Rogawski, ET; Liu, J; Platts-Mills, JA; Kabir, F; Lertsethtakarn, P; Siguas, M; Khan, SS; Praharaj, I; Murei, A; Nshama, R; Mujaga, B; Havt, A; Maciel, IA; Operario, DJ; Taniuchi, M; Gratz, J; Stroup, SE; Roberts, JH; Kalam, A; Aziz, F; Qureshi, S; Islam, MO; Sakpaisal, P; Silapong, S; Yori, PP; Rajendiran, R; Benny, B; McGrath, M; Seidman, JC; Lang, D; Gottlieb, M; Guerrant, RL; Lima, AAM; Leite, JP; Samie, A; Bessong, PO; Page, N; Bodhidatta, L; Mason, C; Shrestha, S; Kiwelu, I; Mduma, ER; Iqbal, NT; Bhutta, ZA; Ahmed, T; Haque, R; Kang, G; Kosek, MN; Houpt, ER; Acosta, AM; Rios de Burga, R; Chavez, CB; Flores, JT; Olotegui, MP; Pinedo, SR; Trigoso, DR; Vasquez, AO; Ahmed, I; Alam, D; Ali, A; Rasheed, M; Soofi, S; Turab, A; Yousafzai, A; Zaidi, AK; Shrestha, B; Rayamajhi, BB; Strand, T; Ammu, G; Babji, S; Bose, A; George, AT; Hariraju, D; Jennifer, MS; John, S; Kaki, S; Karunakaran, P; Koshy, B; Lazarus, RP; Muliyil, J; Ragasudha, P; Raghava, MV; Raju, S; Ramachandran, A; Ramadas, R; Ramanujam, K; Rose, A; Roshan, R; Sharma, SL; Sundaram, S; Thomas, RJ; Pan, WK; Ambikapathi, R; Carreon, JD; Doan, V; Hoest, C; Knobler, S; McCormick, BJ; Miller, MA; Psaki, S (2018-12-01)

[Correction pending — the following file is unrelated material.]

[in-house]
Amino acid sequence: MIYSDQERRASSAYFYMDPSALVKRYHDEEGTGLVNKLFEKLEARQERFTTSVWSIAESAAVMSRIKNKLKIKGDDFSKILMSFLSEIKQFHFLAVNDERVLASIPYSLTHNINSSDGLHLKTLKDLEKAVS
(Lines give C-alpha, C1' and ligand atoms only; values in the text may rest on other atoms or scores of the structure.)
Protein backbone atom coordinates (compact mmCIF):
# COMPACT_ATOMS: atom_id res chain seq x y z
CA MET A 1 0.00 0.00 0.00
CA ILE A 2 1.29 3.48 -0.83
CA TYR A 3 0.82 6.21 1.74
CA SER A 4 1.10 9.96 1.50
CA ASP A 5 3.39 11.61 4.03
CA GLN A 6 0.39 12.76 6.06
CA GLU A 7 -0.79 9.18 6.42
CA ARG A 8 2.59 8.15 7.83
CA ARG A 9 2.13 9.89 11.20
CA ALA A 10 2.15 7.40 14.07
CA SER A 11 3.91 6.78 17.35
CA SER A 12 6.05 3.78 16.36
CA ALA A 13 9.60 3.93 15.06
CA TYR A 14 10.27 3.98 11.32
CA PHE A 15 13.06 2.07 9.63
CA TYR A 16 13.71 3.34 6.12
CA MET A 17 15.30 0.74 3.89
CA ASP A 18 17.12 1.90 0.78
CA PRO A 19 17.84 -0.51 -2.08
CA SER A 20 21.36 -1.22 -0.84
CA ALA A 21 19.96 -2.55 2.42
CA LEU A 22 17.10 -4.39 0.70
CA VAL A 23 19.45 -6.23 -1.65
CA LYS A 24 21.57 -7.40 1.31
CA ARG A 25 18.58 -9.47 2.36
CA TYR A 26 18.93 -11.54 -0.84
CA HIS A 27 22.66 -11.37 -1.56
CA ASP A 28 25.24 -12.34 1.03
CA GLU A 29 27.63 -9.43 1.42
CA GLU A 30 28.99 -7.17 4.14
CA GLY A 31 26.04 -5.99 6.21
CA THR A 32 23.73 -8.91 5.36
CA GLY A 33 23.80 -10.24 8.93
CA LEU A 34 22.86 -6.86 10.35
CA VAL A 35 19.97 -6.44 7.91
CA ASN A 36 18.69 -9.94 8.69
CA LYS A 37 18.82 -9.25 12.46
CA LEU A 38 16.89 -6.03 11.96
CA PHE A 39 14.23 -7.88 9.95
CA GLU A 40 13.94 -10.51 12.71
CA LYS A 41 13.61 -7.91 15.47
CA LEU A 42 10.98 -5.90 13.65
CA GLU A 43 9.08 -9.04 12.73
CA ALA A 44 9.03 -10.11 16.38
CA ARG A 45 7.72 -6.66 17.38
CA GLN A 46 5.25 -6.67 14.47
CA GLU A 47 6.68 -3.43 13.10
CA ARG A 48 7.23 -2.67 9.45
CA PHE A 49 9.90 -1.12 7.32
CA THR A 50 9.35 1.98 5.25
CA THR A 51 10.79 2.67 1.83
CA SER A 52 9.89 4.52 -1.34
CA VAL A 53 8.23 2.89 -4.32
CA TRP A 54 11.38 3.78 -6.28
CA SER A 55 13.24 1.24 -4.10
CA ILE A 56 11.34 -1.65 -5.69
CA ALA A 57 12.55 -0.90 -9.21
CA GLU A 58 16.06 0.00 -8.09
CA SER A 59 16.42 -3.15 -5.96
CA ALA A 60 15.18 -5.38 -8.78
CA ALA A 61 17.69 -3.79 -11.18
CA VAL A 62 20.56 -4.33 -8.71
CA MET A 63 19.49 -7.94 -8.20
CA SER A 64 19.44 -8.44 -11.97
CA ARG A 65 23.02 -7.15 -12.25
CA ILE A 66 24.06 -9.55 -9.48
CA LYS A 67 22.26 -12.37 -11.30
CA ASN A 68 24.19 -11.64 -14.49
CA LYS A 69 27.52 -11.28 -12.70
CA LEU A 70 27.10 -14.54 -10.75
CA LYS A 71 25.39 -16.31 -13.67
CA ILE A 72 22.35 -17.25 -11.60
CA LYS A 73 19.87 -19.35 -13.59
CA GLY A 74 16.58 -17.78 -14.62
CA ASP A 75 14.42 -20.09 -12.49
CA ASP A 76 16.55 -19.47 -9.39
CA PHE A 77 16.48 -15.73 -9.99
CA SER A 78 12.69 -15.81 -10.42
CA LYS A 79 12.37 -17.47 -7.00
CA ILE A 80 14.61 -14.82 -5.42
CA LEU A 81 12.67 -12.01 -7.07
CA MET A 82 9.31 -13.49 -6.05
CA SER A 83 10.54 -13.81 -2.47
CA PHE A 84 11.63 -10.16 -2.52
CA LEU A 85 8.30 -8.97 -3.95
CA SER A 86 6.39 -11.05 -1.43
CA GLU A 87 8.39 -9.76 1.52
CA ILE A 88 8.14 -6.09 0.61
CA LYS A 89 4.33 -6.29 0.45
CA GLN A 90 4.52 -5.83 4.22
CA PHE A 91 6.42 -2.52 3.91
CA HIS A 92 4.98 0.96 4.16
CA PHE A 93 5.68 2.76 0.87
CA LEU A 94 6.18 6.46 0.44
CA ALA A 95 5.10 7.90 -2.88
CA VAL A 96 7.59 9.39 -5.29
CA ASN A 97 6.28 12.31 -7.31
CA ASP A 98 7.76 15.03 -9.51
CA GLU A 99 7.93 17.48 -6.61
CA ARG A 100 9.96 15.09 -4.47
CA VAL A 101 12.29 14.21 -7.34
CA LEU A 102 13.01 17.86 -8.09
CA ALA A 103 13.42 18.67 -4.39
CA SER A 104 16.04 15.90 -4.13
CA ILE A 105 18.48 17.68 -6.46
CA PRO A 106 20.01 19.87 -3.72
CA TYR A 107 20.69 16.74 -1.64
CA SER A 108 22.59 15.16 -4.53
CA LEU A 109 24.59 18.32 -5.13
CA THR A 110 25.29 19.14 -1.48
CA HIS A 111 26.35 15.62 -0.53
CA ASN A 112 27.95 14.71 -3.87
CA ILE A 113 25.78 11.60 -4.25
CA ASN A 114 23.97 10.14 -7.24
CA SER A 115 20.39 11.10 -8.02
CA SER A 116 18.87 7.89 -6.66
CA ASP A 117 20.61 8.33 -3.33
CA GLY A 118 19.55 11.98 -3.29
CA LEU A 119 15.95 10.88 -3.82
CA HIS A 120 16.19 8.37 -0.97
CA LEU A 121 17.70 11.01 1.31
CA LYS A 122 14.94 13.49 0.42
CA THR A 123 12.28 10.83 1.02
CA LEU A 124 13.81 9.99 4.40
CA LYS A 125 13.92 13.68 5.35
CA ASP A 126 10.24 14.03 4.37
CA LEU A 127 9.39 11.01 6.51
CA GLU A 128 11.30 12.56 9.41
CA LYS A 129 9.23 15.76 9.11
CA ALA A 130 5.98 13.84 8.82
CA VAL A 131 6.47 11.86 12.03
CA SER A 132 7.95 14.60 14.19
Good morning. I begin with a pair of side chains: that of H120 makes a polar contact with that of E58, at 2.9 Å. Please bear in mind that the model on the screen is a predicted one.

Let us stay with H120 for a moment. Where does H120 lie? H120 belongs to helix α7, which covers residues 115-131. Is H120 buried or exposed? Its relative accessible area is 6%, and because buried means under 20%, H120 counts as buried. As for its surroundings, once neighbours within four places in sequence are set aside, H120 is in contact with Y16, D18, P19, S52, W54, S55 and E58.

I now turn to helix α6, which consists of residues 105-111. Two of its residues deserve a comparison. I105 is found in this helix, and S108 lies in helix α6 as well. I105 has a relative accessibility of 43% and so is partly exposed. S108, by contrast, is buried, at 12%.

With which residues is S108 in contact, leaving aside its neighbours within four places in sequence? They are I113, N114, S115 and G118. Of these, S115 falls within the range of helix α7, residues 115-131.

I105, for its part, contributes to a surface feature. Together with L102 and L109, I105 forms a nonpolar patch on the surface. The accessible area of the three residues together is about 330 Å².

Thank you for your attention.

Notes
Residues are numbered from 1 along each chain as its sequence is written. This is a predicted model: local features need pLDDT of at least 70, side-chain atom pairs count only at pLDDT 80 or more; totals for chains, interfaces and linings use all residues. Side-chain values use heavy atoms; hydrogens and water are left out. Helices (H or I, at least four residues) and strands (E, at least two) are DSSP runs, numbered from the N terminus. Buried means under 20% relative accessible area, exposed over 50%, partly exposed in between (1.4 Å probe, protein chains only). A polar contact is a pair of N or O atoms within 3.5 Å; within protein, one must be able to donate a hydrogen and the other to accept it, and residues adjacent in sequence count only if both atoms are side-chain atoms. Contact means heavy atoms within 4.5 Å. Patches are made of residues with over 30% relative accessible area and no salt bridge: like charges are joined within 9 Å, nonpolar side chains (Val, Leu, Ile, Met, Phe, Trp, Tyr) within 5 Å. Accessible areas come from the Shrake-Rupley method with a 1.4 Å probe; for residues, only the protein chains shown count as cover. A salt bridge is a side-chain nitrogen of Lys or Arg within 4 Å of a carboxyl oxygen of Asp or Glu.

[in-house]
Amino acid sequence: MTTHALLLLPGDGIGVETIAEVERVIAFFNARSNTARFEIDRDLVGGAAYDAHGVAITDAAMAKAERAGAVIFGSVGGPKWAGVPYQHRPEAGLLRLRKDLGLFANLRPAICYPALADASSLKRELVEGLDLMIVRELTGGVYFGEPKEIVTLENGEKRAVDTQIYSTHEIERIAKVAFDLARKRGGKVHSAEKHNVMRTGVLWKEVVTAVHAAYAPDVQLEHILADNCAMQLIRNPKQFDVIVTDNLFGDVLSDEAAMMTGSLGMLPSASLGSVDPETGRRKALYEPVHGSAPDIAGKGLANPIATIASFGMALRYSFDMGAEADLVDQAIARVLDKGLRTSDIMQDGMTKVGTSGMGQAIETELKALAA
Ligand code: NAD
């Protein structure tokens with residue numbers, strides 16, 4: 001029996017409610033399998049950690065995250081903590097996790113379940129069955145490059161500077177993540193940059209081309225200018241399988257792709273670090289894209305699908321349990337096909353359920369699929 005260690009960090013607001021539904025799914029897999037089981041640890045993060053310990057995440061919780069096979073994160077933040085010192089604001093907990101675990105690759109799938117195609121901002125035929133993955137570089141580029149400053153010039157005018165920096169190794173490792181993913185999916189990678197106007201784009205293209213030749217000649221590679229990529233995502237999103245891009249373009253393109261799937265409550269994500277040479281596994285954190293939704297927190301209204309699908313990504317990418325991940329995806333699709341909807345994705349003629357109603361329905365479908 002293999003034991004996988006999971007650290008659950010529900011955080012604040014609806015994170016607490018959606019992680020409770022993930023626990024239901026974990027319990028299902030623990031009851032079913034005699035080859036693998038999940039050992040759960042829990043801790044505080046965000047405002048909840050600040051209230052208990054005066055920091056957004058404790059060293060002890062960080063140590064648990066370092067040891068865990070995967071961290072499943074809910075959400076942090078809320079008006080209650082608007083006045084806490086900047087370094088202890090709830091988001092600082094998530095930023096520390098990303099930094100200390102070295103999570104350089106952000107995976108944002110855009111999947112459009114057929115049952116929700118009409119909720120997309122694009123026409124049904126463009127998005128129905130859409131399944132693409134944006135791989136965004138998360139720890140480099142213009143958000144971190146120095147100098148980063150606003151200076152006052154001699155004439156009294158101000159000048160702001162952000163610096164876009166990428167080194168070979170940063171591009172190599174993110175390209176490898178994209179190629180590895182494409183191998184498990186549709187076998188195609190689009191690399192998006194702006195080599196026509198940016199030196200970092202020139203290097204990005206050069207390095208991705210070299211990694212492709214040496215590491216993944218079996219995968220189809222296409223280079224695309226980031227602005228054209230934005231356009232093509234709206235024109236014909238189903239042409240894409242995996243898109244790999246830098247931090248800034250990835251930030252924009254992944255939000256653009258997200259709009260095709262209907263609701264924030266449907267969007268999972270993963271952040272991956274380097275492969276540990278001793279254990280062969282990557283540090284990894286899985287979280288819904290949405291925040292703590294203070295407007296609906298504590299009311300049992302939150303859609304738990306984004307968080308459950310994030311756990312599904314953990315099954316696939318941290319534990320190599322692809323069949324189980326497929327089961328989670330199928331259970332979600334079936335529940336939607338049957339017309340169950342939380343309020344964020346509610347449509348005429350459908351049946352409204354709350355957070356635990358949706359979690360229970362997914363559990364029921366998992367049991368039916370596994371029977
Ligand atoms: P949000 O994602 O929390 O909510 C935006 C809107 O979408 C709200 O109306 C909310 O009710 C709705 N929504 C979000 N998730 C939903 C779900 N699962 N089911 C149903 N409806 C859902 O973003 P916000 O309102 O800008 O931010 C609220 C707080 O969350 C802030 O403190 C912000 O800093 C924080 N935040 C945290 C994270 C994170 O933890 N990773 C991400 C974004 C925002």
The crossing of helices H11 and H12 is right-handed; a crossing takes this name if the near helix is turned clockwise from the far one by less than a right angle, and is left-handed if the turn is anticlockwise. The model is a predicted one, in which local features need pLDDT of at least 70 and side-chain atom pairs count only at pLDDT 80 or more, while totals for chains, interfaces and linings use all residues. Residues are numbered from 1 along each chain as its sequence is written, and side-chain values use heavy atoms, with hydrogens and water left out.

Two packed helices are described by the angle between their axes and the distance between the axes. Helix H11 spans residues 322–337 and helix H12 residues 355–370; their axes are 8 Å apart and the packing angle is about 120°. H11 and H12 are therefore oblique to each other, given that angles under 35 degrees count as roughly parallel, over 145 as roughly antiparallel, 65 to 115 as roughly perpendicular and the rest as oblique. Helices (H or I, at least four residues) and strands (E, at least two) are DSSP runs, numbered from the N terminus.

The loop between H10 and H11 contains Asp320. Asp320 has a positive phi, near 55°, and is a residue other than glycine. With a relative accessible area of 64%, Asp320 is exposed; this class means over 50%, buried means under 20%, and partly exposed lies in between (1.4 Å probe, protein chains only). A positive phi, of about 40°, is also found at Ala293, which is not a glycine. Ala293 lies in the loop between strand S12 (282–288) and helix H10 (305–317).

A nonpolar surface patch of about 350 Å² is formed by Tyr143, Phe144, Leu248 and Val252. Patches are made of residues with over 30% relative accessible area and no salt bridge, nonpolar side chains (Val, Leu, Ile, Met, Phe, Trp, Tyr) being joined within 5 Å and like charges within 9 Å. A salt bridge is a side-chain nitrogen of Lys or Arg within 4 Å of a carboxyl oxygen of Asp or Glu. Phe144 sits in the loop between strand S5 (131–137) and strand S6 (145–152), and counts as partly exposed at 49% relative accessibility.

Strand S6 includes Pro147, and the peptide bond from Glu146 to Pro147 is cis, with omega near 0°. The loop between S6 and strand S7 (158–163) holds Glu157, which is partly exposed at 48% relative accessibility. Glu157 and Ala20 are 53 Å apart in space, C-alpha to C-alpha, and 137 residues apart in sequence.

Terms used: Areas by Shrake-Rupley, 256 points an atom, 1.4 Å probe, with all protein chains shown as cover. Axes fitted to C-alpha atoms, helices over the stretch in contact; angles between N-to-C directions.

© 2018 The Author(s). Published by Elsevier Ltd. This is an Open Access article under the CC BY 4.0 license Background: Enteropathogen infections in early childhood not only cause diarrhoea but contribute to poor growth. We used molecular diagnostics to assess whether particular enteropathogens were associated with linear growth across seven low-resource settings. Methods: We used quantitative PCR to detect 29 enteropathogens in diarrhoeal and non-diarrhoeal stools collected from children in the first 2 years of life obtained during the Etiology, Risk Factors, and Interactions of Enteric Infections and Malnutrition and the Consequences for Child Health and Development (MAL-ED) multisite cohort study. Length was measured monthly. We estimated associations between aetiology-specific diarrhoea and subclinical enteropathogen infection and quantity and attained length in 3 month intervals, at age 2 and 5 years, and used a longitudinal model to account for temporality and time-dependent confounding. Findings: Among 1469 children who completed 2 year follow-up, 35 622 stool samples were tested and yielded valid results. Diarrhoeal episodes attributed to bacteria and parasites, but not viruses, were associated with small decreases in length after 3 months and at age 2 years. Substantial decrements in length at 2 years were associated with subclinical, non-diarrhoeal, infection with Shigella (length-for-age Z score [LAZ] reduction −0·14, 95% CI −0·27 to −0·01), enteroaggregative Escherichia coli (−0·21, −0·37 to −0·05), Campylobacter (−0·17, −0·32 to −0·01), and Giardia (−0·17, −0·30 to −0·05). Norovirus, Cryptosporidium, typical enteropathogenic E coli, and Enterocytozoon bieneusi were also associated with small decrements in LAZ. Shigella and E bieneusi were associated with the largest decreases in LAZ per log increase in quantity per g of stool (−0·13 LAZ, 95% CI −0·22 to −0·03 for Shigella; −0·14, −0·26 to −0·02 for E bieneusi). Based on these models, interventions that successfully decrease exposure to Shigella, enteroaggregative E coli, Campylobacter, and Giardia could increase mean length of children by 0·12–0·37 LAZ (0·4–1·2 cm) at the MAL-ED sites. Interpretation: Subclinical infection and quantity of pathogens, particularly Shigella, enteroaggregative E coli, Campylobacter, and Giardia, had a substantial negative association with linear growth, which was sustained during the first 2 years of life, and in some cases, to 5 years. Successfully reducing exposure to certain pathogens might reduce global stunting. Funding: Bill & Melinda Gates Foundation.